HARWOOD, N.D. - The sound of Bobcats buzzed through the air south of here Tuesday, as several residents clamored to move mounds of clay dirt into temporary dikes around their homes.
The projected rise for the Sheyenne River at Harwood put some residents on edge, as they worked to protect their homes from another spring of overland flooding that they fear might arrive at their doorsteps in the coming days.
As of Tuesday afternoon, the Sheyenne was at moderate flood stage at 887.97 feet above sea level. The National Weather Service projects the river will crest at 891.5 feet by 7 a.m. Friday and stay at that level for at least a few days.
That crest would be just two-tenths of a foot less than 2009's level and about a half-foot short of the record crest of 892.02 feet set during the 1997 flood, according to the weather service.
Most of the homes in the first block of Lake Shure Estates, about four miles north of West Fargo, had driveways piled high with clay or sand, ready to be moved into position around homes.
Last year, Lake Shure residents used boats to commute in and out of their neighborhood after flooding cut off road access to the homes.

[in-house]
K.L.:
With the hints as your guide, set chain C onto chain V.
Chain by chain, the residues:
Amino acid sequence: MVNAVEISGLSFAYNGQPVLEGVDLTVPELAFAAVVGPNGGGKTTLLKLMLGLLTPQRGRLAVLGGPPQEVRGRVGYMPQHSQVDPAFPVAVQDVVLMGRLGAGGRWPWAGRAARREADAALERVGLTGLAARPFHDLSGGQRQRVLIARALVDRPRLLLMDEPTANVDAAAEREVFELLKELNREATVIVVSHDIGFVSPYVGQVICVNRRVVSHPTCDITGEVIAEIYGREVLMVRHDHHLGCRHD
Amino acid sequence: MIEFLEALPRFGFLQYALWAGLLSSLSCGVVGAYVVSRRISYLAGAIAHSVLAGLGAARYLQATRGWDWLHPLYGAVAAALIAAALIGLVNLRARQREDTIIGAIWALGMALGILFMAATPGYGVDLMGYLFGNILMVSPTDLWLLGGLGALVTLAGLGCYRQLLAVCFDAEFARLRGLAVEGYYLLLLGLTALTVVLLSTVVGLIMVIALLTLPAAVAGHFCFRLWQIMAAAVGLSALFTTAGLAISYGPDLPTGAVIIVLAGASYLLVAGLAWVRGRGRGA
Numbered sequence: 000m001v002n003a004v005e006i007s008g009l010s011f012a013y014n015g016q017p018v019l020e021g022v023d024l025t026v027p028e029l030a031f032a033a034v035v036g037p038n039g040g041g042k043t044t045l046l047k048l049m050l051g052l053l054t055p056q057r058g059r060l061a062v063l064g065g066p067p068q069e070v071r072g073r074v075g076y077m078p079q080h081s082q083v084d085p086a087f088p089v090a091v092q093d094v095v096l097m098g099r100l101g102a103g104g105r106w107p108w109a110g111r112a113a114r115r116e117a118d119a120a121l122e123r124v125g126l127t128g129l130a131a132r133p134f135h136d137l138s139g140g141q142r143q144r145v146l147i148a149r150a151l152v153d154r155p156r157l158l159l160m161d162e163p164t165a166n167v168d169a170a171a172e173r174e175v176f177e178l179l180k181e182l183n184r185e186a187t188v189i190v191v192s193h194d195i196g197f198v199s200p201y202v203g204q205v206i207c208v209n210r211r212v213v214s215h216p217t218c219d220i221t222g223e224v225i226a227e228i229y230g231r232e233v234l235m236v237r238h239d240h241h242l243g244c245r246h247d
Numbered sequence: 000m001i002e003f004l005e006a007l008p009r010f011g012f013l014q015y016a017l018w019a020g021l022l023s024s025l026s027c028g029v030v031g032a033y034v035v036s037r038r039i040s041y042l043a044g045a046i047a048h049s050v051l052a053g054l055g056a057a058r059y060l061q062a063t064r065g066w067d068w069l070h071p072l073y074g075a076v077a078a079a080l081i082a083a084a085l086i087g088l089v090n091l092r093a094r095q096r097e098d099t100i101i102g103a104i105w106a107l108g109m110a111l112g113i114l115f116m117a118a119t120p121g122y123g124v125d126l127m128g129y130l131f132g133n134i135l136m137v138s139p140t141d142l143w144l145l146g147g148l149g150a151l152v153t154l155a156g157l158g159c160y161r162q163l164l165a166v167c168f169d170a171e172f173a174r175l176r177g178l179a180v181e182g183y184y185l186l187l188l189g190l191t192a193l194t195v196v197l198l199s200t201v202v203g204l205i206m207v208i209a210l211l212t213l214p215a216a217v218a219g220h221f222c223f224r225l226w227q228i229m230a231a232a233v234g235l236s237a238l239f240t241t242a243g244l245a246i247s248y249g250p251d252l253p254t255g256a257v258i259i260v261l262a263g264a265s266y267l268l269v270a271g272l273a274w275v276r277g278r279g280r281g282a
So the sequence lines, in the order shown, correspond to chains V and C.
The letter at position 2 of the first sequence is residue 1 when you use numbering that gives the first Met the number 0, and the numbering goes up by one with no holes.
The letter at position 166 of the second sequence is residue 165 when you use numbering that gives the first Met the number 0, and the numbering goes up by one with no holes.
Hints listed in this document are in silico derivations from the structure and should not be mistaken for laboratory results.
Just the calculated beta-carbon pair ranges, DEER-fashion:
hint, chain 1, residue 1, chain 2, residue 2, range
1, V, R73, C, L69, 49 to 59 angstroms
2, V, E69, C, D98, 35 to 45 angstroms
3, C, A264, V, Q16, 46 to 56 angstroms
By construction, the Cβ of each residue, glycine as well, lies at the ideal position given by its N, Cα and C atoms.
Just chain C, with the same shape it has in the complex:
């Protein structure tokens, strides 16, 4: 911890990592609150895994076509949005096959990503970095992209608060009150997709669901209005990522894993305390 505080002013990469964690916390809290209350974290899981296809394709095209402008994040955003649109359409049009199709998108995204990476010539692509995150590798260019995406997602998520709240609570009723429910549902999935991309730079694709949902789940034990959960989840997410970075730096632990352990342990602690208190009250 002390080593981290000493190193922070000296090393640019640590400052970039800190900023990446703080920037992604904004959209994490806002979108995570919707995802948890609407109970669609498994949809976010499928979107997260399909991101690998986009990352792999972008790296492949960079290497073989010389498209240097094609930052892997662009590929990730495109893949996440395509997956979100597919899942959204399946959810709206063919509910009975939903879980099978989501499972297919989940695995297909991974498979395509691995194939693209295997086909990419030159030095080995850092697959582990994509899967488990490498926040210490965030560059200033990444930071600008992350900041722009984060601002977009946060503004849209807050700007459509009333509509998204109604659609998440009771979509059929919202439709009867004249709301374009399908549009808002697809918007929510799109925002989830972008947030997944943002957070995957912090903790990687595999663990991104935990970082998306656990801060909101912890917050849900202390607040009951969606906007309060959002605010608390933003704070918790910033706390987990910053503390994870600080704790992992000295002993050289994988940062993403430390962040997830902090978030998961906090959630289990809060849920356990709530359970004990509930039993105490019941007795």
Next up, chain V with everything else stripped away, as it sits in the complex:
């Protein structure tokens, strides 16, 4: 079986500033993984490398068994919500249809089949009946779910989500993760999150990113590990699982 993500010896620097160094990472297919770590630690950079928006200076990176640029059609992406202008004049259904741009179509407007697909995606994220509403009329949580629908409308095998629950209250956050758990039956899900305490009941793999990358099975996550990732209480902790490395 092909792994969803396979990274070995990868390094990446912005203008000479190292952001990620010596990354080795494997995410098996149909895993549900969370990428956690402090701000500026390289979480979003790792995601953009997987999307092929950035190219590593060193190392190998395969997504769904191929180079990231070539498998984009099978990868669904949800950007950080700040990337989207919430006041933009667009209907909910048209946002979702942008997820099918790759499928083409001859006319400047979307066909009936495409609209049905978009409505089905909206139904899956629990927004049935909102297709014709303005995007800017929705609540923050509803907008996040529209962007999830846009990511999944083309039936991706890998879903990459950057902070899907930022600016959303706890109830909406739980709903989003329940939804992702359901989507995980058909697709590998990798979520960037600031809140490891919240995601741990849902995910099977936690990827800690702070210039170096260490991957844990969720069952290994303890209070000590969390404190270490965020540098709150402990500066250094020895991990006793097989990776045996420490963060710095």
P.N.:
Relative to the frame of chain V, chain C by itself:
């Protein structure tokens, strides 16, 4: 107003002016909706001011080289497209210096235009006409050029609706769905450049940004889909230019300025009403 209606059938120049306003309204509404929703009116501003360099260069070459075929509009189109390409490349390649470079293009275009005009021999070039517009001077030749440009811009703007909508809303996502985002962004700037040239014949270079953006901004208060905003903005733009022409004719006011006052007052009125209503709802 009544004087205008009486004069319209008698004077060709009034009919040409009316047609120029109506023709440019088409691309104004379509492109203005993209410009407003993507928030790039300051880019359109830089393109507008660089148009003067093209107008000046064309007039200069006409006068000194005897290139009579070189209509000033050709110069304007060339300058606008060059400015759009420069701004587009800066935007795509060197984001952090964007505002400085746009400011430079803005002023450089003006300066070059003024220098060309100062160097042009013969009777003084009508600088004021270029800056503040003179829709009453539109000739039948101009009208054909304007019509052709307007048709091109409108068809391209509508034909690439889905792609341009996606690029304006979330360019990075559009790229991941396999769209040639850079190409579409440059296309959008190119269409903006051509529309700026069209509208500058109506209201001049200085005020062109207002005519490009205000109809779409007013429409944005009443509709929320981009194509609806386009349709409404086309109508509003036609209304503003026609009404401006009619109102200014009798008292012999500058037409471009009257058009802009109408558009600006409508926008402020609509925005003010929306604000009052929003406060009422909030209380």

Temporary protective measures this year will cost resident Dave Schwartz more than $2,400 to secure his home, which is the lowest-lying property on the block.
It's the third time since Schwartz moved there in 2003 that he's had to take such precautions, he said.
Residents in the subdivision have discussed paying for a permanent dike that would protect the whole neighborhood, and "it's gotta happen this summer," Schwartz said, citing the exhaustion of back-to-back floods.
"When you have one that's a little bit farther apart, it's more of an excitement than a challenge, but this just gets to be frustration," Schwartz's next-door neighbor Tom Linnertz said. "It just keeps coming more and more frequently."
Two homes away, Dwight Lembke spent 10 hours Monday building a clay dike around his home.
He said the neighborhood used about 22,000 sandbags to fortify the area against the 2009 flood, and they're expecting a similar challenge this year.
In Harwood, Mayor Bill Rohrich reiterated Tuesday that he feels comfortable that the city will be fine against the flood this year, barring any change in conditions, like more rain, which would cause concern, he said.